Even as new allegations of criminal activity are levelled at employees of News International - and James Murdoch distances himself from the troubled newspaper operation - politicians continue to rush to its defence. The Mayor of London, Boris Johnson, who once described the phone-hacking scandal as "a politically motivated put-up job", has called for "the caravan to move on". The Education Secretary, Michael Gove - often described as Rupert Murdoch's representative in the cabinet - has absurdly accused the Leveson inquiry of having a "chilling" effect on free speech.
For Mr Murdoch, such apologetics could not be more convenient. His rapid-fire decision to launch the Sun on Sunday just two weeks after the arrest of five Sun journalists was intended to send one message to his shareholders and the public: for him, at least, it is business as usual. Reported sales of 3.26 million, the highest for any Sunday paper since 2007, added to the mood of triumphalism at Wapping, even if the marketing for the launch edition was substantial.
In her testimony to the Leveson inquiry, Deputy Assistant Commissioner Sue Akers, the officer in charge of the current police investigations, spoke of how the Sun had allegedly established a "network of corrupted officials" and created a "culture of illegal payments". This was not about the "odd drink or meal". One public official apparently received £80,000. Finally, and most damningly, she claimed that most of the stories that resulted from the payments were "salacious gossip" rather than anything in "the public interest".
With his usual defiance, Mr Murdoch insisted: "We have already emerged a stronger company." And for the moment, at least, News Corporation is in rude health. Swelled by income from its cable television networks and its film studios, it recently announced quarterly profits of $1.06bn. But with every new allegation, the possibility of legal action in the US - Mr Murdoch's greatest fear - increases. A prosecution under the Foreign Corrupt Practices Act, which bans US-based companies from profiting from bribery in other countries, could cost News Corp hundreds of millions of pounds.
For now, Mr Murdoch retains his ability to mesmerise politicians of left and right alike. The latest willing supplicant is the Scottish First Minister, Alex Salmond, who exclusively revealed to the Scottish Sun on Sunday his intention to hold an independence referendum on 18 October 2014. In the middle of the SNP's public consultation on the ballot, Mr Salmond, a self-described social democrat and pro-European, elected to tip-off an Australian-American newspaper proprietor before Scotland's five million voters. He has shown contempt for democracy and transparency and is shamelessly courting Murdoch just as Westminster MPs have done before him.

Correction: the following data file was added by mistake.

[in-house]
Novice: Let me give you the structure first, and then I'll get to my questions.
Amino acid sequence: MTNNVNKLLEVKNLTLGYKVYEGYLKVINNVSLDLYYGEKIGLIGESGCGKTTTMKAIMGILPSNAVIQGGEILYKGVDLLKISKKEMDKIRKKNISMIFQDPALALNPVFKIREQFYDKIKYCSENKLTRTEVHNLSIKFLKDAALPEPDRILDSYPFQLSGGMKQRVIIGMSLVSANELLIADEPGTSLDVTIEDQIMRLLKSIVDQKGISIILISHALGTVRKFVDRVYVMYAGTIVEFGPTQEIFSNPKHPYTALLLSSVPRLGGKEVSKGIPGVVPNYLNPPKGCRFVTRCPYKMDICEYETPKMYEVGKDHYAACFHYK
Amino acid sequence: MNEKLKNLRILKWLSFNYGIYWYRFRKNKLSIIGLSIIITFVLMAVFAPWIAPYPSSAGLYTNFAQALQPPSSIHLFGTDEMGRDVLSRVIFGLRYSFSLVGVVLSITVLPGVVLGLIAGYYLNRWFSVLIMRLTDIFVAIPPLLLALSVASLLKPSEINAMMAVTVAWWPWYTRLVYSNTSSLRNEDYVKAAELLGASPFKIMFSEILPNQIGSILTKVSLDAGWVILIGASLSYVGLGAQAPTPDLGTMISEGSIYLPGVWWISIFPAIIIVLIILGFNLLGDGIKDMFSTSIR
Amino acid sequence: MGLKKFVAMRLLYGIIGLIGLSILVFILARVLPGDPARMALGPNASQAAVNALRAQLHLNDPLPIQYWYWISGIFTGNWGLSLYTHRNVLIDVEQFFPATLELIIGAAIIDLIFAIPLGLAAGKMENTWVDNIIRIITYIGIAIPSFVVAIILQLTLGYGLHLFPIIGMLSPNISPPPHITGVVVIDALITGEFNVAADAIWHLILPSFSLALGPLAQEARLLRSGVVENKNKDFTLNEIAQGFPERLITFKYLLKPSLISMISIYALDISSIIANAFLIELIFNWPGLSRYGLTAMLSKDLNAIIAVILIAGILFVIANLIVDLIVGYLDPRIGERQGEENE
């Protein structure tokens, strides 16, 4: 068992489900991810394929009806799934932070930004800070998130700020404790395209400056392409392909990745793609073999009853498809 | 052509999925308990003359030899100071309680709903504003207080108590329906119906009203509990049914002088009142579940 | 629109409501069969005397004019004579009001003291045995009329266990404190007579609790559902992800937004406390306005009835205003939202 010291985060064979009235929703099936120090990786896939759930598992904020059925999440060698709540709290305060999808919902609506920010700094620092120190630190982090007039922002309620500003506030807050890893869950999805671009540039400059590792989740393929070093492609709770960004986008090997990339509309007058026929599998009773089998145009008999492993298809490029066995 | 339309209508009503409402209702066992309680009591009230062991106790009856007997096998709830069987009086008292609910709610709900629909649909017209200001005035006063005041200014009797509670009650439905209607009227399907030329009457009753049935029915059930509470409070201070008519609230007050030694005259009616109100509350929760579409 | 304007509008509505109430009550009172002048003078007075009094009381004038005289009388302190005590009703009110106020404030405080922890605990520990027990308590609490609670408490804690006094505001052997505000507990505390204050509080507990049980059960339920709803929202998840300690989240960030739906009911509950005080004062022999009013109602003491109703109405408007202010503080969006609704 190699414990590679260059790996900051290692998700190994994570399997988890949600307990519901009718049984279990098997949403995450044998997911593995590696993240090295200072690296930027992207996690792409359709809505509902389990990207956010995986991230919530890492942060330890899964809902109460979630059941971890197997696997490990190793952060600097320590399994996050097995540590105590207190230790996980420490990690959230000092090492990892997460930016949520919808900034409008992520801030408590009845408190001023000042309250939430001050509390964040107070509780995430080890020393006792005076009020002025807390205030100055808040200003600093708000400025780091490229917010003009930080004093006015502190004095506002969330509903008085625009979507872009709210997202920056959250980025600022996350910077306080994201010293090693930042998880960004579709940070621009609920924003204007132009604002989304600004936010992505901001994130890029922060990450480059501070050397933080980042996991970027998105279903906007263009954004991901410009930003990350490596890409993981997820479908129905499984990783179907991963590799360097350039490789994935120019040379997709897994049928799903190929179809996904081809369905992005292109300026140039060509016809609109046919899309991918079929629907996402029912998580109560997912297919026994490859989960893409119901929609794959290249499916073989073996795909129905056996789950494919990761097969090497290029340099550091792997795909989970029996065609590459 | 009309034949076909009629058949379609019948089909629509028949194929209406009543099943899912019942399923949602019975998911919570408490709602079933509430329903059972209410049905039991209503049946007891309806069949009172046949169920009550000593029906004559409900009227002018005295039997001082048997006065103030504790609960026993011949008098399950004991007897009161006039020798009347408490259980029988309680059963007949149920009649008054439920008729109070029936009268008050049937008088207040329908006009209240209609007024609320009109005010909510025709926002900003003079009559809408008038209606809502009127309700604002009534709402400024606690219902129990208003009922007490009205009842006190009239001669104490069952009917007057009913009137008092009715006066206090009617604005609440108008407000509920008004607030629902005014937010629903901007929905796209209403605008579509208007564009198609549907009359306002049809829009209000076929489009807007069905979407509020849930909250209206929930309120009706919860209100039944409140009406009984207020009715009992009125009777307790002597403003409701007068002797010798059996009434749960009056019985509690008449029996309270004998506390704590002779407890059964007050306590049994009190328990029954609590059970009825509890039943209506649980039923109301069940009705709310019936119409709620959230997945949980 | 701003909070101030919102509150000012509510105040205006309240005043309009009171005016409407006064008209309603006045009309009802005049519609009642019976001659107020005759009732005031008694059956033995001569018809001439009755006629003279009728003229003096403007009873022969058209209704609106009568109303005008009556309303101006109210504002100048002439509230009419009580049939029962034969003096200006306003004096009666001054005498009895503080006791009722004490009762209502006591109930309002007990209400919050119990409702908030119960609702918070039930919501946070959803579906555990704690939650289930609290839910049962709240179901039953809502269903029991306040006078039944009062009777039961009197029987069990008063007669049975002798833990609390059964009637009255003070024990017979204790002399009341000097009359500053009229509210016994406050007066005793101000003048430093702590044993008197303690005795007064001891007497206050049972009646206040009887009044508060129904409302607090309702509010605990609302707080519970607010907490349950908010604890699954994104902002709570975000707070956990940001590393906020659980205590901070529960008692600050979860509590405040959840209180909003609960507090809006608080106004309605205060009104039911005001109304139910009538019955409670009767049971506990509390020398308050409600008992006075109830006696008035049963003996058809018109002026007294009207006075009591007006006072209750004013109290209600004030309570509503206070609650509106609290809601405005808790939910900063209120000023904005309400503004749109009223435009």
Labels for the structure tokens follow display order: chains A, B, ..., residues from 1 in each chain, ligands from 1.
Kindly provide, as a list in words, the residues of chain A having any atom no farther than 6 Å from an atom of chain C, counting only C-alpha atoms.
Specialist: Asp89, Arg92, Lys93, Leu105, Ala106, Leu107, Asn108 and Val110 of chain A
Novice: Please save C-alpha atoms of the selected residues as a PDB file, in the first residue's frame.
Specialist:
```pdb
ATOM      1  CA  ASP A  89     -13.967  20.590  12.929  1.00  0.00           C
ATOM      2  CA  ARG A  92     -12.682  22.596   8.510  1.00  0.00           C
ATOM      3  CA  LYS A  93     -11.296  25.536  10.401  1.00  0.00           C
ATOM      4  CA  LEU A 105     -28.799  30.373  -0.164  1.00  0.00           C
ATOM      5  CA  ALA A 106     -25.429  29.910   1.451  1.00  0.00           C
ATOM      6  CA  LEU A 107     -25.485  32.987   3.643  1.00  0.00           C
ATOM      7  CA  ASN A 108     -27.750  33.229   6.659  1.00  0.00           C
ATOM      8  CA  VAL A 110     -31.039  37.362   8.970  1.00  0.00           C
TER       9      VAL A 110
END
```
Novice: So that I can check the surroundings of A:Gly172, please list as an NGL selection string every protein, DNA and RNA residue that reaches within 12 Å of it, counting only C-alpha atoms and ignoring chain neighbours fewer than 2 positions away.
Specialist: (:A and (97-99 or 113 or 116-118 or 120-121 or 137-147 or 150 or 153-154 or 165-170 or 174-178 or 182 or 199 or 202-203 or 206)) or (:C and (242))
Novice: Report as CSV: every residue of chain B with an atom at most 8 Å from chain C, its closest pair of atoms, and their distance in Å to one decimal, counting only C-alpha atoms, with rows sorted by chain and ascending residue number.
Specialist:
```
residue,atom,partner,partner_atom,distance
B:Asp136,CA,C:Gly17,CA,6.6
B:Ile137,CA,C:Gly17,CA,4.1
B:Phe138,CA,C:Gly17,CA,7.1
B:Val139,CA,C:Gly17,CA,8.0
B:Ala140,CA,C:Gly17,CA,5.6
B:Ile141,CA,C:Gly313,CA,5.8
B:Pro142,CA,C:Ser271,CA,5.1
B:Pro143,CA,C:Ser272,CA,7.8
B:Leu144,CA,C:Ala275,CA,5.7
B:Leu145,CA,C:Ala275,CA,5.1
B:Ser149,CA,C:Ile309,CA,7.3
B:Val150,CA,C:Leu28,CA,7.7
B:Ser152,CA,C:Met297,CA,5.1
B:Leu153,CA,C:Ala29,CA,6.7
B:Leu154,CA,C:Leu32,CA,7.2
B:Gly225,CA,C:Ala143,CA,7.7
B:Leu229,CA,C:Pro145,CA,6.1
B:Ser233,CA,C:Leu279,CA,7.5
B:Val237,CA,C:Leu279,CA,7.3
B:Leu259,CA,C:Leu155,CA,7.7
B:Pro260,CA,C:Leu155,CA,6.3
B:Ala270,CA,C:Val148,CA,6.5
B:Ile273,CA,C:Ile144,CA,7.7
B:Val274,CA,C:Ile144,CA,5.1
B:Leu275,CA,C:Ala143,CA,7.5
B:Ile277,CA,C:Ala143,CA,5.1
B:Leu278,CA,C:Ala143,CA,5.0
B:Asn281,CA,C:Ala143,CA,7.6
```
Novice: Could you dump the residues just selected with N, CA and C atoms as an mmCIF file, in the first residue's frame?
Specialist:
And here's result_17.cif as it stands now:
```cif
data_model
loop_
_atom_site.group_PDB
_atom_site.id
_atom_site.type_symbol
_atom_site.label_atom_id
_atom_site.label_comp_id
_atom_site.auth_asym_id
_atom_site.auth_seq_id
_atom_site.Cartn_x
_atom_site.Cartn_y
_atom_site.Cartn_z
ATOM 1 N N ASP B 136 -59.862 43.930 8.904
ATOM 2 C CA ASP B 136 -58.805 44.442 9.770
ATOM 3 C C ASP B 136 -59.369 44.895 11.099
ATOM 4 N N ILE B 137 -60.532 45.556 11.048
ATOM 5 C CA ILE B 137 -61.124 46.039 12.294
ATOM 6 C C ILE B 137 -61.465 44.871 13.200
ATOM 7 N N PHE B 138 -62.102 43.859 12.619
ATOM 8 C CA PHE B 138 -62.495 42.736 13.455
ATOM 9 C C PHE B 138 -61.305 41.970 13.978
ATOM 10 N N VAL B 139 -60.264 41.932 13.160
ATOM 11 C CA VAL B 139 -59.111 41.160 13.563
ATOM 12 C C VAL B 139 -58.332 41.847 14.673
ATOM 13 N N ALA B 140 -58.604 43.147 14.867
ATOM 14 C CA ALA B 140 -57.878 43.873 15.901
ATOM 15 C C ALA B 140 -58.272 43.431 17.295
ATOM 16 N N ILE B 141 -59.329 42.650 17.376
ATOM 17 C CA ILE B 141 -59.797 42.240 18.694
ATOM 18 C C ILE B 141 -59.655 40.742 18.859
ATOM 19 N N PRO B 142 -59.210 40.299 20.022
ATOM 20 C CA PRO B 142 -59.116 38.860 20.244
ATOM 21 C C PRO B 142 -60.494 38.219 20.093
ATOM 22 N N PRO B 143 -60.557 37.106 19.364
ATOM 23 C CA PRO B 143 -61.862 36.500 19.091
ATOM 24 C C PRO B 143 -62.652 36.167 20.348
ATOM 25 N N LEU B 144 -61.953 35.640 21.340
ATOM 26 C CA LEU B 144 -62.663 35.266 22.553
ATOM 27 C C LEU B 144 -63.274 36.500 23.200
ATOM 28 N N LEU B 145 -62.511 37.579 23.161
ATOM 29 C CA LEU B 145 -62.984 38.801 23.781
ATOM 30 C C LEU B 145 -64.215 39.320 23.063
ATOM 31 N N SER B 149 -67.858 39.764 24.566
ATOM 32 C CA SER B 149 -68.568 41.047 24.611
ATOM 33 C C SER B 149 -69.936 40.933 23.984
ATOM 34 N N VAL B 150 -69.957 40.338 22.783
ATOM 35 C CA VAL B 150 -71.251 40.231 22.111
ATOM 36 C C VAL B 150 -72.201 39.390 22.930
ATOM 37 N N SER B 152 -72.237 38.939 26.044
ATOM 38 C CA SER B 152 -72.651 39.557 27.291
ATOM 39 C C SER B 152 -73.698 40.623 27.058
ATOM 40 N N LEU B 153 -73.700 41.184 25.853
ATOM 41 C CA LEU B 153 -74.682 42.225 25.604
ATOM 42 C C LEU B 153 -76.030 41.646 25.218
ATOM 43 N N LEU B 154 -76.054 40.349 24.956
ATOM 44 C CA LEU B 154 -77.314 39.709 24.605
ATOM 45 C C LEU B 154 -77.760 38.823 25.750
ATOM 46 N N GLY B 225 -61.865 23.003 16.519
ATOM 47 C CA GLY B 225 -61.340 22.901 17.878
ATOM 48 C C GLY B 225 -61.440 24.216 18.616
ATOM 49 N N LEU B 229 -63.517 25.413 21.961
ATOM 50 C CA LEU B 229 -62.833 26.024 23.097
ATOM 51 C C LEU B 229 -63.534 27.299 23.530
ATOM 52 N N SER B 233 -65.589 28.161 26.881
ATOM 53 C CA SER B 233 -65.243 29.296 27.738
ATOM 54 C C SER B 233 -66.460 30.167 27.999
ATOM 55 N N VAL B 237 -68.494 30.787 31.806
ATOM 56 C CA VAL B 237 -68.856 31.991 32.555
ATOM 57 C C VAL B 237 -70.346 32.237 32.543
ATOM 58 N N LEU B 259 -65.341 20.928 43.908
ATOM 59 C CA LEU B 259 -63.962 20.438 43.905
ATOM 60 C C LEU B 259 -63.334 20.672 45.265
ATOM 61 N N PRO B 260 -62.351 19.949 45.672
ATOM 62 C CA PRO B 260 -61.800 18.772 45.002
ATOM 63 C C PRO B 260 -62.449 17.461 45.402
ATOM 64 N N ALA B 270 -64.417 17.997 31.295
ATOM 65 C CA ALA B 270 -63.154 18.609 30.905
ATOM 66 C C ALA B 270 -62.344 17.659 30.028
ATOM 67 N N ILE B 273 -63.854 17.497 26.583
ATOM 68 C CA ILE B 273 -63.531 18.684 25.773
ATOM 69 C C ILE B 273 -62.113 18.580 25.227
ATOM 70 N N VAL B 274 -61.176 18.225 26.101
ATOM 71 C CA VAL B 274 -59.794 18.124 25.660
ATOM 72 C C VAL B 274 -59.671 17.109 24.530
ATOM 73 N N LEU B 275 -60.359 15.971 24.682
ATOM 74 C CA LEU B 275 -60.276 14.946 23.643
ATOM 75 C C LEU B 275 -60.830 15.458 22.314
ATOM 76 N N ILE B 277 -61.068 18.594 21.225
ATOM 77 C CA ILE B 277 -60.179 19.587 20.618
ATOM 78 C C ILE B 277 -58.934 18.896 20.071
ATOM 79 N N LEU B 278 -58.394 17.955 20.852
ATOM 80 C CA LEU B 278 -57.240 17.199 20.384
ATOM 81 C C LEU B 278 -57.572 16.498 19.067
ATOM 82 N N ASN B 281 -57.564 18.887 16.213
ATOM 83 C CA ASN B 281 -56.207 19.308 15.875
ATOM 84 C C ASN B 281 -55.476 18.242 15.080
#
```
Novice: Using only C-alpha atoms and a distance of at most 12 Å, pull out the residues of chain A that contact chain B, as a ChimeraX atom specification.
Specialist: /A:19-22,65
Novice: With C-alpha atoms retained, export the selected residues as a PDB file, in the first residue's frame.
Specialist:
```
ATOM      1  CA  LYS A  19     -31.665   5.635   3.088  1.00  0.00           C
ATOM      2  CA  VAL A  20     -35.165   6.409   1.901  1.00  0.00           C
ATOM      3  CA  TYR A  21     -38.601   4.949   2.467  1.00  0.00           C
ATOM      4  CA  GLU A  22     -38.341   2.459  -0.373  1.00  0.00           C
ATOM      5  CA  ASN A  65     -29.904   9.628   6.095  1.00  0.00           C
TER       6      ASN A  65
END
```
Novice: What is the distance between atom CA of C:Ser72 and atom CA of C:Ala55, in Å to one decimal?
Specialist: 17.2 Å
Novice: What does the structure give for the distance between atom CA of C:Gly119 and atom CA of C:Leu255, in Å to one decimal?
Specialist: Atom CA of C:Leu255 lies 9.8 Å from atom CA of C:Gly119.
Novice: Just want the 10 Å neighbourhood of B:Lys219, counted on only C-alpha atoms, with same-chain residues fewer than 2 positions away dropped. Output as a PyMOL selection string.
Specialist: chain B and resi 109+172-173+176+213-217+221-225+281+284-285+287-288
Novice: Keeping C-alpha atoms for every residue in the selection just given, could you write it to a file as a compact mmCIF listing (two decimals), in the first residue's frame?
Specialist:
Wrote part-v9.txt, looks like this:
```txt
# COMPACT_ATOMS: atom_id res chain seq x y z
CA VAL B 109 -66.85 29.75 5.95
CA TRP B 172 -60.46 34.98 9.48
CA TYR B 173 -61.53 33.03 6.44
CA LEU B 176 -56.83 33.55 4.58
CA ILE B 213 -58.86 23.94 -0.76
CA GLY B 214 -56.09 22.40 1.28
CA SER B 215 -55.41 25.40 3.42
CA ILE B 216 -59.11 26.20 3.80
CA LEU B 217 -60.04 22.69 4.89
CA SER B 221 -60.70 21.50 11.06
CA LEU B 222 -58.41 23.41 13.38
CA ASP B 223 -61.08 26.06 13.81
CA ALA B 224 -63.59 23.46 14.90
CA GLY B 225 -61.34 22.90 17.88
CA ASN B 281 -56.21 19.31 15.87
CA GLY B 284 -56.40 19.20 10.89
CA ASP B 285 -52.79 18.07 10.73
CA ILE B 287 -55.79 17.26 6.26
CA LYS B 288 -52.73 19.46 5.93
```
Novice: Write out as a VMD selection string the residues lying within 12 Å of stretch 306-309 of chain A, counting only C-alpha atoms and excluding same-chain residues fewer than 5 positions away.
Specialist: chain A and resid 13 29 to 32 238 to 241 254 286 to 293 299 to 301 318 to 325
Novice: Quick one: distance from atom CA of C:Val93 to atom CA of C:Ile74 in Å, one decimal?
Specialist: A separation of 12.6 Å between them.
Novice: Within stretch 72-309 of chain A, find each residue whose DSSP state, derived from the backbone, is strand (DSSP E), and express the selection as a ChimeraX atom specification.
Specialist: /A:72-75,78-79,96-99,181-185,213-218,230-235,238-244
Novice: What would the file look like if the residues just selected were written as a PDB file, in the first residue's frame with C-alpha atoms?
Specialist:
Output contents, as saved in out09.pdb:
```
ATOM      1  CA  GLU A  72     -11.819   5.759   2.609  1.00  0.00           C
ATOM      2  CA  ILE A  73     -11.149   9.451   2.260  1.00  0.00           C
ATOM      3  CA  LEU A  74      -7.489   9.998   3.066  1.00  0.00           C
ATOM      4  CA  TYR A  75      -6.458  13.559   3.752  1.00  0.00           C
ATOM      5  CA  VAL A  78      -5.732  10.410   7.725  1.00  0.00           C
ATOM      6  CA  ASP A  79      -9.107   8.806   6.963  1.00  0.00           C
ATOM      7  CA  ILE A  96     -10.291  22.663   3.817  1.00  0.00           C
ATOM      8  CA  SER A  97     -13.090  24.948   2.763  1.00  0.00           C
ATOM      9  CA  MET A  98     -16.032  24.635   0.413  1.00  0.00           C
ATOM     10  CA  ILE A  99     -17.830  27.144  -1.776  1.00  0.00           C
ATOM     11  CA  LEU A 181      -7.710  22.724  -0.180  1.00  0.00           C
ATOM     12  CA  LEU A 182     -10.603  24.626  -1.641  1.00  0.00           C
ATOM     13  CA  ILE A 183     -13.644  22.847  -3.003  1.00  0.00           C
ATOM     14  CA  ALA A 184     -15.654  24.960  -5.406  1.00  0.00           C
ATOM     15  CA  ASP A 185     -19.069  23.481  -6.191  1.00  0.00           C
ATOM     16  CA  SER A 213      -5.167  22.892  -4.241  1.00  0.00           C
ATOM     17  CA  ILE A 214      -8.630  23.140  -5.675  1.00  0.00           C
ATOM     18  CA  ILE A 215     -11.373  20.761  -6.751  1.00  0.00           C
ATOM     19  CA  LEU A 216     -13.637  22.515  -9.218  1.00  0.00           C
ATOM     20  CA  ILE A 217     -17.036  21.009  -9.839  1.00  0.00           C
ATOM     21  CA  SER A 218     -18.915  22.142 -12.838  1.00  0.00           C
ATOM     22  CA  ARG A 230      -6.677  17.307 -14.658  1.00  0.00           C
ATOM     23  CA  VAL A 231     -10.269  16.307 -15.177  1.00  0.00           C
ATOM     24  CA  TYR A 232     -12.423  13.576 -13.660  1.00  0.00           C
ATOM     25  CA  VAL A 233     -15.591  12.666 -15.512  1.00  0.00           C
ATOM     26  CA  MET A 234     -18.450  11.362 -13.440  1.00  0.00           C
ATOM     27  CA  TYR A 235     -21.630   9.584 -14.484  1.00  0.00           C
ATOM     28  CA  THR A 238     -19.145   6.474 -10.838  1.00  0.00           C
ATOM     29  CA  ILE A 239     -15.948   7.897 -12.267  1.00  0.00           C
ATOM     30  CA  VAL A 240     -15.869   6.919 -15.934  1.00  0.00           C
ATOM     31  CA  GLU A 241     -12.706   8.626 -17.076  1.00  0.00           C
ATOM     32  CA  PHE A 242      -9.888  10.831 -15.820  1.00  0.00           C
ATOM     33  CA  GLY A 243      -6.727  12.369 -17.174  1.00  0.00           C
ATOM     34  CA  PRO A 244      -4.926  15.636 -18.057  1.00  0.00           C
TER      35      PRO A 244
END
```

Since taking office, Mr Salmond has met the News Corp head or his executives 25 times and praised him in one letter as "insightful and stimulating". In return, the Scottish Sun endorsed the SNP at the last election and Mr Murdoch hailed Mr Salmond as a "fellow anti-establishmentarian" on Twitter. But the First Minister should be under no illusions: Murdoch is an opportunist who supports whichever party is capable of winning elections, Conservative, Labour or the SNP (though never the Liberal Democrats, of course).
Bankers, politicians, the police and now the press - all have successively lost public confidence. The closing down of the Occupy camp at St Paul's in London on the day it was revealed that Barclays had attempted to avoid £500m in tax is symbolic of all that has gone wrong in British society in recent years. As long as our elected representatives continue to pay fealty to the old ways and the old order, there is little prospect of any improvement.